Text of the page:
There is no question that everybody, patients or not, must be protected in their rights and nobody denies that. You do not need to quote every Constitutional amendment to support this notion. But as important as the protection to refuse treatment is so is the right to be treated and when a person lacks the ability to understand this need then the society must intervene to facilitate treatment, at times above the wishes of the patient. Mentally ill patients can certainly be dangerous TO THEMSELVES, and they are unable, in many cases, of controlling their impulses and their lack of insight supersedes rationality and that that takes them to refuse treatment and therefore put themselves in a vulnerable state. To obtain a permission to treat above objections under the AOT guidelines (Kendra’s Law) a lawyer is assigned to the patient to defend his/her right to refuse treatment, the Psychiatrist presents the case and requests treatment over objections based on three main instances: Dangerous to self, dangerous to others, inability to care for self. A judge weights the arguments and issues a decision. Yes, to obtain an order of treatment over objections the Psychiatrist must PROVE in court any or all of the above mentioned three instances.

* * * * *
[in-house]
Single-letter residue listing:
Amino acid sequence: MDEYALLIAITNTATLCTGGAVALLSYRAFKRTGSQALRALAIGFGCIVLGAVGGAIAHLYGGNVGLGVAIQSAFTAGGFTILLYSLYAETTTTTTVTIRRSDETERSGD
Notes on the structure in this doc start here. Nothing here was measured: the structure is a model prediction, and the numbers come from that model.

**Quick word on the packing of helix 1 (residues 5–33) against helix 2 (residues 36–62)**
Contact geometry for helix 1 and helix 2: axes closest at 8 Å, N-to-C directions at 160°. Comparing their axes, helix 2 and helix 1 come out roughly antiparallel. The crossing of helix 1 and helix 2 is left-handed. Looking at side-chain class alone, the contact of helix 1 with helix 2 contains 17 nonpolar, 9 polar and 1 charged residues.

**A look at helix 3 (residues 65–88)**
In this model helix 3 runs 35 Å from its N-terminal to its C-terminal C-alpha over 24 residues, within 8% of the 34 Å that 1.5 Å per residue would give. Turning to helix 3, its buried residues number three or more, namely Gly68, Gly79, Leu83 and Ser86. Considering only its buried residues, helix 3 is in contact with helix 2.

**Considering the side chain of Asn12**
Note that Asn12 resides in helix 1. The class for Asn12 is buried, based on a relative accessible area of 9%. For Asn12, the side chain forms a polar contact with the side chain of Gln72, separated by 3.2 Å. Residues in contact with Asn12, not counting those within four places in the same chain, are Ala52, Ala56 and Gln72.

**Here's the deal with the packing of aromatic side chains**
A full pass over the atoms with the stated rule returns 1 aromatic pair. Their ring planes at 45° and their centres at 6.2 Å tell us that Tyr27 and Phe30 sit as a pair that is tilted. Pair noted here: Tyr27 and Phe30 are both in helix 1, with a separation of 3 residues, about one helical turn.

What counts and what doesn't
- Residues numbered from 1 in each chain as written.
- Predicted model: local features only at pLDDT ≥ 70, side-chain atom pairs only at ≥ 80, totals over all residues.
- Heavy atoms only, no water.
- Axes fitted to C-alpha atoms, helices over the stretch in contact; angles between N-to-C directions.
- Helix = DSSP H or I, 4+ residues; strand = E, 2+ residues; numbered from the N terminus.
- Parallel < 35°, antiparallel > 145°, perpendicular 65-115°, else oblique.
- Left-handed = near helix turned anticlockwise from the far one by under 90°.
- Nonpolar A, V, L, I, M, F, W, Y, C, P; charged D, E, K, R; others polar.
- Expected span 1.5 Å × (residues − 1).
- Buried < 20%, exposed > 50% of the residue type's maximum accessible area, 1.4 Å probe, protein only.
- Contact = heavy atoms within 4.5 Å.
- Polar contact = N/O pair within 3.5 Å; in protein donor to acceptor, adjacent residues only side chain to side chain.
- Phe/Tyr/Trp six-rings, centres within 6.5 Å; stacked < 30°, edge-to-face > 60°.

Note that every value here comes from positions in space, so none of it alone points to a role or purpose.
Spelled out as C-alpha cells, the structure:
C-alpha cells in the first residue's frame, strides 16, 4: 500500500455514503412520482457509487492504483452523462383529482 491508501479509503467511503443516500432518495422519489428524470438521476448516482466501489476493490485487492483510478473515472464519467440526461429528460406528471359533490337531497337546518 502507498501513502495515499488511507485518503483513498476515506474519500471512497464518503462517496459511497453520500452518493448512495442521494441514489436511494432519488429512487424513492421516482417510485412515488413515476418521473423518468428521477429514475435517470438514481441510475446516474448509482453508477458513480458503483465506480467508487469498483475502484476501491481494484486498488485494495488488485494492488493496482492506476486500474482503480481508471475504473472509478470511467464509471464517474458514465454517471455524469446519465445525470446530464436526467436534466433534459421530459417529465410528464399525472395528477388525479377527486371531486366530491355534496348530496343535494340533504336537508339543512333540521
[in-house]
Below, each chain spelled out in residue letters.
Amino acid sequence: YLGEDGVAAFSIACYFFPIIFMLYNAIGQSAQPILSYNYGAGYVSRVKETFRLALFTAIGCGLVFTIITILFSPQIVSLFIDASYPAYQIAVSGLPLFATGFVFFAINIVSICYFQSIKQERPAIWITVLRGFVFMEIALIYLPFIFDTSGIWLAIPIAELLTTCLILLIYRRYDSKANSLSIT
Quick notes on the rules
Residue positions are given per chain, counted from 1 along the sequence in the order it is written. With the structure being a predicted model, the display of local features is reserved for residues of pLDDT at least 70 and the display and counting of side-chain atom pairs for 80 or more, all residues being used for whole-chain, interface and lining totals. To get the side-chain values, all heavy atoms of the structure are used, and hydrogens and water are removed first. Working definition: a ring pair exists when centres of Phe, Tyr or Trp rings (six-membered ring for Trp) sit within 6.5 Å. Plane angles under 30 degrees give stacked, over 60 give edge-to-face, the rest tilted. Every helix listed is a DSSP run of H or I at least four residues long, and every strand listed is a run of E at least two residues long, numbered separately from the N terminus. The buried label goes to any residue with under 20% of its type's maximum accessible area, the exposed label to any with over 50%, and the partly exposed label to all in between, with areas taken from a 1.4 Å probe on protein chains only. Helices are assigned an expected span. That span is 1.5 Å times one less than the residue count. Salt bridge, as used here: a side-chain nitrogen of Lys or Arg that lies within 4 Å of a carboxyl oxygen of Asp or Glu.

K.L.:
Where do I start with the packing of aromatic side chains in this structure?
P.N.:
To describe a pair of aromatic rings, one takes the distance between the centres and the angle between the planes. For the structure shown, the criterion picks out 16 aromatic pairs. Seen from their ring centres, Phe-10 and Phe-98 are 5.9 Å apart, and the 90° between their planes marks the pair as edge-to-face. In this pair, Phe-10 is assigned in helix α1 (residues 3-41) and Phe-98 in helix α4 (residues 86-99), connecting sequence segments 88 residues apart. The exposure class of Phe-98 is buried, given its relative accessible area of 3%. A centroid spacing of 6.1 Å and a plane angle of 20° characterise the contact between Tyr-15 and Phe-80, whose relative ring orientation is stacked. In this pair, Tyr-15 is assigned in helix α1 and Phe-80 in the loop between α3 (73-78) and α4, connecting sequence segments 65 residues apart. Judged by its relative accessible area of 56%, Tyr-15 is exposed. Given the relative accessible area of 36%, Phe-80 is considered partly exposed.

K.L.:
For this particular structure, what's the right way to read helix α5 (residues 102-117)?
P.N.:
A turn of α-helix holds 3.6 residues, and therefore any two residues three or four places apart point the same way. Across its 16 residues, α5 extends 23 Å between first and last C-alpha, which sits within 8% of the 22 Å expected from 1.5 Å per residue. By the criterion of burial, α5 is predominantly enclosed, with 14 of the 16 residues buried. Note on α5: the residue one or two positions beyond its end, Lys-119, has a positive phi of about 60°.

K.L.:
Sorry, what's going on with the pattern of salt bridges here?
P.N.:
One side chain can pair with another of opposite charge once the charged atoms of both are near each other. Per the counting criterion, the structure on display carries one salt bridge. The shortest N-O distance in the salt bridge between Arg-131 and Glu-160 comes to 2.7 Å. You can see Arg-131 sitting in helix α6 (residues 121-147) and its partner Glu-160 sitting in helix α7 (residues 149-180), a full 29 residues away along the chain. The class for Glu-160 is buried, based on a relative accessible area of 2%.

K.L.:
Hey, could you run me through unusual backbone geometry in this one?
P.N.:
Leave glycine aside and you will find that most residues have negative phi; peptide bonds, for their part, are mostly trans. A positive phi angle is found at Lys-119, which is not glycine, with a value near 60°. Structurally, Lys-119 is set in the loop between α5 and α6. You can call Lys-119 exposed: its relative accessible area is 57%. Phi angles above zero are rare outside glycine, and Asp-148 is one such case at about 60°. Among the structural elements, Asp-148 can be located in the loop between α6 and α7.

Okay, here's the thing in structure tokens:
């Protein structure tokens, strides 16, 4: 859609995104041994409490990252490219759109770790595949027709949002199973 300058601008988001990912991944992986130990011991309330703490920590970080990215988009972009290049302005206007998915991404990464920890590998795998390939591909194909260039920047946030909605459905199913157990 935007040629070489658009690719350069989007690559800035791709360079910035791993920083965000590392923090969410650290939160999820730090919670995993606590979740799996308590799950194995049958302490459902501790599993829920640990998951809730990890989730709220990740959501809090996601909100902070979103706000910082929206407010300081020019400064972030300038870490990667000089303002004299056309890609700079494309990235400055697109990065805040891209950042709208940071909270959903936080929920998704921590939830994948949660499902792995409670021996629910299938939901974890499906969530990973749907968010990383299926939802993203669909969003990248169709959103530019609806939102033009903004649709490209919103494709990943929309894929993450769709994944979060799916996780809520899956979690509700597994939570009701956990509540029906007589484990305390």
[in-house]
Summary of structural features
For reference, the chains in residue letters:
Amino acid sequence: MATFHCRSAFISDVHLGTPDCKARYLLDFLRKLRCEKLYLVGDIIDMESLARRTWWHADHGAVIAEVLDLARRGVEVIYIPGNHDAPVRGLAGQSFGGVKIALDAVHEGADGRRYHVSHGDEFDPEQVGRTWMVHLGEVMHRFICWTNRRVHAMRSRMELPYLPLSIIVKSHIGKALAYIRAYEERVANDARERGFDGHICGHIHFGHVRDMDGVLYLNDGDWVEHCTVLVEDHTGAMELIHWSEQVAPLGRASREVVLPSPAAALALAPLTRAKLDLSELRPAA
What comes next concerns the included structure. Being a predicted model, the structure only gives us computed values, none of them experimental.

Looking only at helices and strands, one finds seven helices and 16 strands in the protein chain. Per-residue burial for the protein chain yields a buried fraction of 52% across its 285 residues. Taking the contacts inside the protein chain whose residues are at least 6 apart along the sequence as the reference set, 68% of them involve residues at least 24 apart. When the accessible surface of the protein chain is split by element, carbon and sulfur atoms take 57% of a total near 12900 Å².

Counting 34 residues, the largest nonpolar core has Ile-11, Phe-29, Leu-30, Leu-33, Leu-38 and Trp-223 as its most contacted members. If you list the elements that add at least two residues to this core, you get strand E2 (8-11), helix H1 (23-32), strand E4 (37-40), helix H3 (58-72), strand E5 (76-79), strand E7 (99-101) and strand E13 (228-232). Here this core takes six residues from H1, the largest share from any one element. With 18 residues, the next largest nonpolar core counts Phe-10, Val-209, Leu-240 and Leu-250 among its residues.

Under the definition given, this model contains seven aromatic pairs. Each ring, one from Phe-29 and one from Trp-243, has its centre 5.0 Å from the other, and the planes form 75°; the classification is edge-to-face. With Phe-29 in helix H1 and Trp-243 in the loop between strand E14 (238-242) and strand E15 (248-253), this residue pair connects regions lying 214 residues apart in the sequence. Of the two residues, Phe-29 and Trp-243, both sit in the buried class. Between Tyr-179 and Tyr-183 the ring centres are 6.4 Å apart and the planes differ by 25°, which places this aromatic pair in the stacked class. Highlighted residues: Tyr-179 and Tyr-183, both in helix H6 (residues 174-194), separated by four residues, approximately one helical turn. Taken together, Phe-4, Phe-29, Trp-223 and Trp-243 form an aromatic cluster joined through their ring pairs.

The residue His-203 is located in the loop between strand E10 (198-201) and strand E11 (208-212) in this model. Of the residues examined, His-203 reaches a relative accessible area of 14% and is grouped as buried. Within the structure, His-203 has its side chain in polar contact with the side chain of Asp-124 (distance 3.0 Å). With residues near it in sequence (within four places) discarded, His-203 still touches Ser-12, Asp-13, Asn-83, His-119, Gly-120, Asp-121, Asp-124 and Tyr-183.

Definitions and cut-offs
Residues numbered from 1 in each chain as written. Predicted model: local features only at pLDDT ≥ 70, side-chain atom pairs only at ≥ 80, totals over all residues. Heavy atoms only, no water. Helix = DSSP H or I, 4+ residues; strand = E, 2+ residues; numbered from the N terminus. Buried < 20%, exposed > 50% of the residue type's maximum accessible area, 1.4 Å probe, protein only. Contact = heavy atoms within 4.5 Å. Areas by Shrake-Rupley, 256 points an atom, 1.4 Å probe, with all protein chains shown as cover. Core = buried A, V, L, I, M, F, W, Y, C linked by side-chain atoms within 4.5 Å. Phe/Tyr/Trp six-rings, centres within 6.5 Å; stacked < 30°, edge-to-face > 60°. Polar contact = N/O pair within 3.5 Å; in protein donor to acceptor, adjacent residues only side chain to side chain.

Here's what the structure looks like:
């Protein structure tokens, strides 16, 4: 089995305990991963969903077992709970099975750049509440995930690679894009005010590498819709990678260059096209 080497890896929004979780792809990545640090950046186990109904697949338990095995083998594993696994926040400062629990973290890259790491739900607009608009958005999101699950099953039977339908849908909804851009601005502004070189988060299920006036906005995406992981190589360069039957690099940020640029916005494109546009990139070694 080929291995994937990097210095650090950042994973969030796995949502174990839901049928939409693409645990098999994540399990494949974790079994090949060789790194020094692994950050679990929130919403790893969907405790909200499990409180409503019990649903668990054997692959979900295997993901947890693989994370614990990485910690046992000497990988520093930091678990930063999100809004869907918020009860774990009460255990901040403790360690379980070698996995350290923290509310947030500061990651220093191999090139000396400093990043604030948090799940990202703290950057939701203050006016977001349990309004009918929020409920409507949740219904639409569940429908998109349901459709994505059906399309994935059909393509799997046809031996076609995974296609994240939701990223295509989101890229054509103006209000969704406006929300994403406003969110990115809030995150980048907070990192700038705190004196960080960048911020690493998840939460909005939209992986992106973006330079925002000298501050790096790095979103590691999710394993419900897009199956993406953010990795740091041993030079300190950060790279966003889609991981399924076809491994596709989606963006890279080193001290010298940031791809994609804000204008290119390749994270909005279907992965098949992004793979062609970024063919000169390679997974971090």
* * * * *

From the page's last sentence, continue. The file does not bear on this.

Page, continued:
You should witness these court procedures and see how many times the Psychiatrist fails to PROVE his/her case for treatment over objections and the request is denied.
    I agree that the rights protected by the Constitution applies to the mentally ill and should be defended, including the right to vote and to redress grievances in court, like refusing treatment. But then the resulting questions are:
    – Should we defend the right to own a gun for protection under the second amendment as the NRA interprets it or, as the NRA states, we should deny it to people with mental illness.